Perhaps the best example arrives in late spring on muted grey wings: the voracious and subtly beautiful Western Kingbird. Chasing and devouring a wide variety of insect life, these relatives of the common household Eastern Phoebe have made a summer home at Kauffman Stadium for many years. They spend the winter in Central America, migrating north to spend the breeding season across most of the American West, where they favor open areas with high places to perch, nest and pursue insects. Their range and population has expanded since the 1800s, benefitting from the planting of trees in prairies and the clearing of forests in the Midwest. They are known to have a particular affinity for baseball stadiums, with their high complex structures perfect for nesting and perching, and their artificial lights drawing in clouds of invertebrate convenience food. Kauffman Stadium represents a hotspot for Western Kingbirds at the eastern edge of their general range.
Watching kingbirds fits well into the flow of a baseball game, especially for those like me who tend to sit in the upper decks and thus bring binoculars anyway. The birds perch on stadium guy wires, far superior to natural vines, and make acrobatic sorties into the clouds of insects overhead. Occasionally they dive low toward the field, interrupting the game as a decidedly non-avian-oriented broadcaster lamely attempts to identify the “goldfinch” as it zips past the plate. Between innings, pitchers, and batters, the kingbirds draw my attention, as do their insect prey. Once your eyes refocus, you start to see the sheer diversity of insect life drawn to the nighttime noon; large white moths, small darting . . . somethings, a whole population of life suddenly visible. Now you begin watching other trends: do the doves and pigeons use different parts of the stadium than the kingbirds; are there bats competing for airspace; are there different insects near the lower concourse or the nosebleed seats? If you’re a regular attendee, do you see changes in kingbird behavior over time, as the birds build their nests, brood their eggs, raise their young?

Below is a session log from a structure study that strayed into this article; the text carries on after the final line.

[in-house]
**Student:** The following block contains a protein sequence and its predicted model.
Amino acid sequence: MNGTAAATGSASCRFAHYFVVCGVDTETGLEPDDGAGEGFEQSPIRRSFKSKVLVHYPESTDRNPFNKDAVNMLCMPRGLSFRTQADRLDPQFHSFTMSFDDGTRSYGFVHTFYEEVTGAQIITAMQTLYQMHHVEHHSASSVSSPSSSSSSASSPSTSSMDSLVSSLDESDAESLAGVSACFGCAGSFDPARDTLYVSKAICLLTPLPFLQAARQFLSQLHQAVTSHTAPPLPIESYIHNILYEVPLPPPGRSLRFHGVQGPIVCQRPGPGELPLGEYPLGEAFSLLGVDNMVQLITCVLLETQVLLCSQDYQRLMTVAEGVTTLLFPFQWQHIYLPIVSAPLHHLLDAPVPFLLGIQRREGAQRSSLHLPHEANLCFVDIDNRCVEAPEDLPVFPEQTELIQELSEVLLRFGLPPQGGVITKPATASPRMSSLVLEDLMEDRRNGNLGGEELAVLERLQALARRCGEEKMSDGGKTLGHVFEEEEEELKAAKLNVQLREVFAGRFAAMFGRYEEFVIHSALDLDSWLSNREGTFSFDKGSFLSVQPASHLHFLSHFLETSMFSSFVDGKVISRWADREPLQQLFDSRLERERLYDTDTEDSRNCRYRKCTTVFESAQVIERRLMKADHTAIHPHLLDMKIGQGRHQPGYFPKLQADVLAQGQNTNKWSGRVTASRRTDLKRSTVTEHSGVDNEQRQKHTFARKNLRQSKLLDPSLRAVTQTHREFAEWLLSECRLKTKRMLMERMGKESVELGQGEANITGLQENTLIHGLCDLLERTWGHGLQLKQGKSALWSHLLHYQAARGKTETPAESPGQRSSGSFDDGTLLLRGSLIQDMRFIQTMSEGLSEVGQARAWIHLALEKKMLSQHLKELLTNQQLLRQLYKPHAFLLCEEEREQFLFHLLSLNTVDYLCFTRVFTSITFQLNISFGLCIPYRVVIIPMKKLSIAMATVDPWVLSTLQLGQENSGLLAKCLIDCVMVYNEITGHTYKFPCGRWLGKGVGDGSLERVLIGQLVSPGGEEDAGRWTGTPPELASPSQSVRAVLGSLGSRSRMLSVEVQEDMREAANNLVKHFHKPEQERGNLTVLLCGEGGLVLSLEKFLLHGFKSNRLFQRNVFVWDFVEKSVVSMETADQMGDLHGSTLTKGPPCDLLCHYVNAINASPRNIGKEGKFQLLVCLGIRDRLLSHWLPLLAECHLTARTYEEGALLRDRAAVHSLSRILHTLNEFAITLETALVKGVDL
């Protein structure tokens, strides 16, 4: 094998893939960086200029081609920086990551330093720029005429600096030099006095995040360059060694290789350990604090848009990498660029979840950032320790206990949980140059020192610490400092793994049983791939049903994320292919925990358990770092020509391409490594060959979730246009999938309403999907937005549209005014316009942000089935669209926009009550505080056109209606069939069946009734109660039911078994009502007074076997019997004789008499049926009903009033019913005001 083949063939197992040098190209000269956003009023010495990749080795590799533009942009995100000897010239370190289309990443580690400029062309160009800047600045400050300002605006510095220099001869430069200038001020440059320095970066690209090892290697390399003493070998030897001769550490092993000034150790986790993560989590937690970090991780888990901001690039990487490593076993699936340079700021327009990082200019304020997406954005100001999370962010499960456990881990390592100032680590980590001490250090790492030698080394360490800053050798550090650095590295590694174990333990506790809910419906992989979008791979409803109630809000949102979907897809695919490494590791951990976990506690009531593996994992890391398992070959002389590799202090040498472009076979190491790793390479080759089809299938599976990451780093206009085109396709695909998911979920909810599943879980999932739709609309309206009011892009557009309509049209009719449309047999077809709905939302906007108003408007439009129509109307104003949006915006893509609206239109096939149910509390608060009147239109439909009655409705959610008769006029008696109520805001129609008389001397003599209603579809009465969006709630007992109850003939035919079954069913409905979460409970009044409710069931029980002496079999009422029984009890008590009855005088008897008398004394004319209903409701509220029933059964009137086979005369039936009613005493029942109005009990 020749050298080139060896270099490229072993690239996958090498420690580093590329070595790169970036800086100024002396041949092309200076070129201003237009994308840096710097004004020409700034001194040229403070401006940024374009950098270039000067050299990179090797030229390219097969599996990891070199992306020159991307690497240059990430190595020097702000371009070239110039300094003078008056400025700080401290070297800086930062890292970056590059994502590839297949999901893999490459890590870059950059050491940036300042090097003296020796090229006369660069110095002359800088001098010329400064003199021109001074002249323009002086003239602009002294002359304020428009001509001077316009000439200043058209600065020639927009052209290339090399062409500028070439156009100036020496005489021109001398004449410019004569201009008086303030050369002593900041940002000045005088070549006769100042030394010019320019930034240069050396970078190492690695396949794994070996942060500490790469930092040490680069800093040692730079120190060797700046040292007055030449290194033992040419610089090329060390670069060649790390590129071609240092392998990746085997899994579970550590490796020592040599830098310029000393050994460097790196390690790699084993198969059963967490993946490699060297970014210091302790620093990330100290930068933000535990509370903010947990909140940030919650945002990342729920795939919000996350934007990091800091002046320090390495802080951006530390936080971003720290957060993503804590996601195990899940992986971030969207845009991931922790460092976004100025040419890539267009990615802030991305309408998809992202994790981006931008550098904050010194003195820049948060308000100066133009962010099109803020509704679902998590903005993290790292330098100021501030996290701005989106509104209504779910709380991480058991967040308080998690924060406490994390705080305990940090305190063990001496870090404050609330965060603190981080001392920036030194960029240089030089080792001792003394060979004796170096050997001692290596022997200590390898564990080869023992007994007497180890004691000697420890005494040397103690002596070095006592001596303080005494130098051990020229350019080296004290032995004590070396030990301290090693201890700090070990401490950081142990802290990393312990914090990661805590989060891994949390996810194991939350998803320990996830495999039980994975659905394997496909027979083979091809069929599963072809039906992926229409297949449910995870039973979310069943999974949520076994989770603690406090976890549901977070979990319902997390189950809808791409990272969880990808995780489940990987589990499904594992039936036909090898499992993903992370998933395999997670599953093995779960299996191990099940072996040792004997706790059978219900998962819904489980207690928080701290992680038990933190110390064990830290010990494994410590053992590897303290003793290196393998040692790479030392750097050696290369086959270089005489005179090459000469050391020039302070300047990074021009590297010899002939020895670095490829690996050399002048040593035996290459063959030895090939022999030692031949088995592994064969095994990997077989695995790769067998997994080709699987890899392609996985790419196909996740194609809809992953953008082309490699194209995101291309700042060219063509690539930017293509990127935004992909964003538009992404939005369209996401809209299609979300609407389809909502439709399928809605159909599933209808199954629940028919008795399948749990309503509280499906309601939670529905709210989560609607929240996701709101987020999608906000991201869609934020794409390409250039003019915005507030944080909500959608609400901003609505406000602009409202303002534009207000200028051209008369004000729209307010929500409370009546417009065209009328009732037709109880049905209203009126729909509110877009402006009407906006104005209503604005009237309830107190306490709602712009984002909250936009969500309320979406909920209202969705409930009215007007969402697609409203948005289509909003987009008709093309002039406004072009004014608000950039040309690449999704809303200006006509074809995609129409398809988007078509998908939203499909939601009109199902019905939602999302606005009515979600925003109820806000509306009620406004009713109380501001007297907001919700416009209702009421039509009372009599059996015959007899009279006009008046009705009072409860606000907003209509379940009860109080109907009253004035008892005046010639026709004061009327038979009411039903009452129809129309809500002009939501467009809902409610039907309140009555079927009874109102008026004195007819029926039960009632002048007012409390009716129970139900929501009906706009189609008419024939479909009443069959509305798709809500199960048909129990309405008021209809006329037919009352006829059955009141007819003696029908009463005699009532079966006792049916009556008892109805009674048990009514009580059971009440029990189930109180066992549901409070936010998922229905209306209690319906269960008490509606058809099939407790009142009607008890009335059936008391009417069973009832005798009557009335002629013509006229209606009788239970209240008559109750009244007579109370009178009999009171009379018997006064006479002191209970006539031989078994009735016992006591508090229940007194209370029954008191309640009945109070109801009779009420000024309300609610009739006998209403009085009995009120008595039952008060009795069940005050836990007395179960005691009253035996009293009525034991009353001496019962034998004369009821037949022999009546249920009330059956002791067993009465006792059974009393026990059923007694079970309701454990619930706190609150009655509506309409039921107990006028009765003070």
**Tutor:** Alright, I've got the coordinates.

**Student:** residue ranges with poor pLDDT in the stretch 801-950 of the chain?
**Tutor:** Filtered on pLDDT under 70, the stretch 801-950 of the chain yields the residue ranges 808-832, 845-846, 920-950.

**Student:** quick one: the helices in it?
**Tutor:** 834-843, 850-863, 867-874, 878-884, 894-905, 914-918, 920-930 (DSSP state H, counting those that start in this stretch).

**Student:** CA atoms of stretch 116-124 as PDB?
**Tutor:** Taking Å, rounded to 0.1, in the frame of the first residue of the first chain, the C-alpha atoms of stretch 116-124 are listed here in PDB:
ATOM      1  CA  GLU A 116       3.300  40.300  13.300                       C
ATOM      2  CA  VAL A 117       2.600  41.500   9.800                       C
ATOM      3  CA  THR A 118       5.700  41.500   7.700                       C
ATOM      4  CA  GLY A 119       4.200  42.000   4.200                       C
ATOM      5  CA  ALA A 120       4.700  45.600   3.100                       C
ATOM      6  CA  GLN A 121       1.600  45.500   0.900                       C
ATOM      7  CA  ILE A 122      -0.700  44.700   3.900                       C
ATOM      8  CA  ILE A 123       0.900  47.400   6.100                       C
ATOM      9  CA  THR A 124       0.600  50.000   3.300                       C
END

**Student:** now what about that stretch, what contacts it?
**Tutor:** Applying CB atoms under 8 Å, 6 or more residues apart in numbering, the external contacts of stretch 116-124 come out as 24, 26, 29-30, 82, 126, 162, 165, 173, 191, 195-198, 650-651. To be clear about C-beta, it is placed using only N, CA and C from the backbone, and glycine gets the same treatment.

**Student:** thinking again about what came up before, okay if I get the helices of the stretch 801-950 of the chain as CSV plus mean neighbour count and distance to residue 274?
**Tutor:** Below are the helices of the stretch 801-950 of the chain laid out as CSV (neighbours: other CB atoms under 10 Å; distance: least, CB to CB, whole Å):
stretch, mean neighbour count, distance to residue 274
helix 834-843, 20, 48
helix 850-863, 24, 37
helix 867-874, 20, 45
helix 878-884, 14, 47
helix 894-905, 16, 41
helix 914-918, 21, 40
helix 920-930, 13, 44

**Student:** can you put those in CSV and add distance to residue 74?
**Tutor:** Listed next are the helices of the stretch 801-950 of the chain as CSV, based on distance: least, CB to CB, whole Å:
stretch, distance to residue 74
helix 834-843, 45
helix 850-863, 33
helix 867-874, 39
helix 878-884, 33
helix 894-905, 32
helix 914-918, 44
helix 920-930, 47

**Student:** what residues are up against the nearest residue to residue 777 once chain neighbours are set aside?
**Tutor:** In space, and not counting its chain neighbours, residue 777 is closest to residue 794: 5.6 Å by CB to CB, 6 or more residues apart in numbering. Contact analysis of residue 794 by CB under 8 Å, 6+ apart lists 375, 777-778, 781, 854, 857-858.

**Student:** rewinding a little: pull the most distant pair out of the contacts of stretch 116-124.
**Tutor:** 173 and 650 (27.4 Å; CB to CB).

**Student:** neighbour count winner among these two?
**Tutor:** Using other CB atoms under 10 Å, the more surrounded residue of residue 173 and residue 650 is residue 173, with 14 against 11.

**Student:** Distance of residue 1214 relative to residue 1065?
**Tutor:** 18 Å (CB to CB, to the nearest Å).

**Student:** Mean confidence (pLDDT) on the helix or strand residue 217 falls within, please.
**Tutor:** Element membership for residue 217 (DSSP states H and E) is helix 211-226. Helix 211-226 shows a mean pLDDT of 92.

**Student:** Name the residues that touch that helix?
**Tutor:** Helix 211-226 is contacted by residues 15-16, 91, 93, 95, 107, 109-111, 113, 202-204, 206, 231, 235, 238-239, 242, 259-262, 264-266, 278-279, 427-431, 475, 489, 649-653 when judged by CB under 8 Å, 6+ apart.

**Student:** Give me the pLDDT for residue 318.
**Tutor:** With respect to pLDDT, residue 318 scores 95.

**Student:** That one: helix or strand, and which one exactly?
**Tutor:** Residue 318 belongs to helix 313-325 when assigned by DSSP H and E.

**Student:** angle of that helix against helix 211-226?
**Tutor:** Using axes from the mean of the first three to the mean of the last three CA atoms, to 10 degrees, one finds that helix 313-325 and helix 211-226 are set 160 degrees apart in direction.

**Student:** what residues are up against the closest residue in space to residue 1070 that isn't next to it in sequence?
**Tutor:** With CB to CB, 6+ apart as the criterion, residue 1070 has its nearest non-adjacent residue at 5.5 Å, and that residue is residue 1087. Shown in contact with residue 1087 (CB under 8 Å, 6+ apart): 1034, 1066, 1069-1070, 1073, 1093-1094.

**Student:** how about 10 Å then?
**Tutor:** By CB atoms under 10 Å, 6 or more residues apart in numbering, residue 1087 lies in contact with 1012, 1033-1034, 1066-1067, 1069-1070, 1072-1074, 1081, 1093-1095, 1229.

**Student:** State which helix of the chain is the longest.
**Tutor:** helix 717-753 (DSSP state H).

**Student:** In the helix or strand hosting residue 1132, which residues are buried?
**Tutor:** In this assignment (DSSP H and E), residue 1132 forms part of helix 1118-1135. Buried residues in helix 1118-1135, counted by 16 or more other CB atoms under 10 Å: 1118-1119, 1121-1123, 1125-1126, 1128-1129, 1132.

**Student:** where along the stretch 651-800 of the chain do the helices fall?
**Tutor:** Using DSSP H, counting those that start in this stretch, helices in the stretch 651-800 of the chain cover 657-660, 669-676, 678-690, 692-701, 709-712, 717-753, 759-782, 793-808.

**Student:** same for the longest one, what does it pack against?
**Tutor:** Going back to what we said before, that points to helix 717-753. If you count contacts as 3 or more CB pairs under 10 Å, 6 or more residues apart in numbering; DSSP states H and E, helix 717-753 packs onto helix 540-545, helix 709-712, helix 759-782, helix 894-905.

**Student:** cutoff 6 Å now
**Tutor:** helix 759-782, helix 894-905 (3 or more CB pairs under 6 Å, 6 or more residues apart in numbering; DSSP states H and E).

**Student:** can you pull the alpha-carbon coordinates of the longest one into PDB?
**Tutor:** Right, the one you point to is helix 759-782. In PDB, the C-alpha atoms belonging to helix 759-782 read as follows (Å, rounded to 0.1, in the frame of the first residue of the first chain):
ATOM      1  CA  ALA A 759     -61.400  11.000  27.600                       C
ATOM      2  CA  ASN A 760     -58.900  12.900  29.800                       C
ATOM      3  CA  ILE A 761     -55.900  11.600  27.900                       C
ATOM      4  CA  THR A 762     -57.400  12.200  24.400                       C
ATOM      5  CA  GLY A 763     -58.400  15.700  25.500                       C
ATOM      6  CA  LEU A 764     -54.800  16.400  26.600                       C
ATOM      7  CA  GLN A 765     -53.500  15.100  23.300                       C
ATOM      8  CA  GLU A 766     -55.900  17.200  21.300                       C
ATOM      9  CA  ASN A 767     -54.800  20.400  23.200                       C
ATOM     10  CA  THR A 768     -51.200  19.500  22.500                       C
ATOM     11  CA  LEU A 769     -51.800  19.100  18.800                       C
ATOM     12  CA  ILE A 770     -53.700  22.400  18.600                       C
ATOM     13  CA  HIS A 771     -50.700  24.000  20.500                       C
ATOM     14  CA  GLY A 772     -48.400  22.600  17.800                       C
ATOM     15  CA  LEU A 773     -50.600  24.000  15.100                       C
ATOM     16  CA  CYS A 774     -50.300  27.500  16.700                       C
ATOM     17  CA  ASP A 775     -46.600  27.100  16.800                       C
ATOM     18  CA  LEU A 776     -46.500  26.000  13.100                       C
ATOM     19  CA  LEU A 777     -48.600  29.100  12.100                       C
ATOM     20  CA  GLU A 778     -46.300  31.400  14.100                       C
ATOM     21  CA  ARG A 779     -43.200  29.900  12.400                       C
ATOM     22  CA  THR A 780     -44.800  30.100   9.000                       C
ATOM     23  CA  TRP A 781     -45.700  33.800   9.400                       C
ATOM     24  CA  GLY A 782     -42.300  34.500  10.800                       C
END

By the end of July, their nesting completed, the kingbirds begin to vanish, drawn back toward Central America even while the heat of summer remains. Perhaps a long road trip turns off the lights for long enough to trigger a response, and the kingbirds of summer become a memory until next year. But in the meantime, the concrete prairie has drawn in a bird that might otherwise have stayed on the “real” thing, giving tens of thousands of us a chance to integrate nature into our lives through a most unlikely setting. And if we can connect to nature in an ecosystem whose parking lots suppress biodiversity and home runs alike, how many other places can we learn to find and enjoy the natural world around us?
More about Western Kingbirds:
· The Royal Kingbirds of Kauffman Stadium, Missouri Conservationist, 2011.
· An avian show at Kauffman Stadium, Kansas City Star, 2012.
· Reported range maps for Western Kingbirds, eBird (zoom in to Kauffman for local reports)
· Western Kingbird life history, Cornell Lab of Ornithology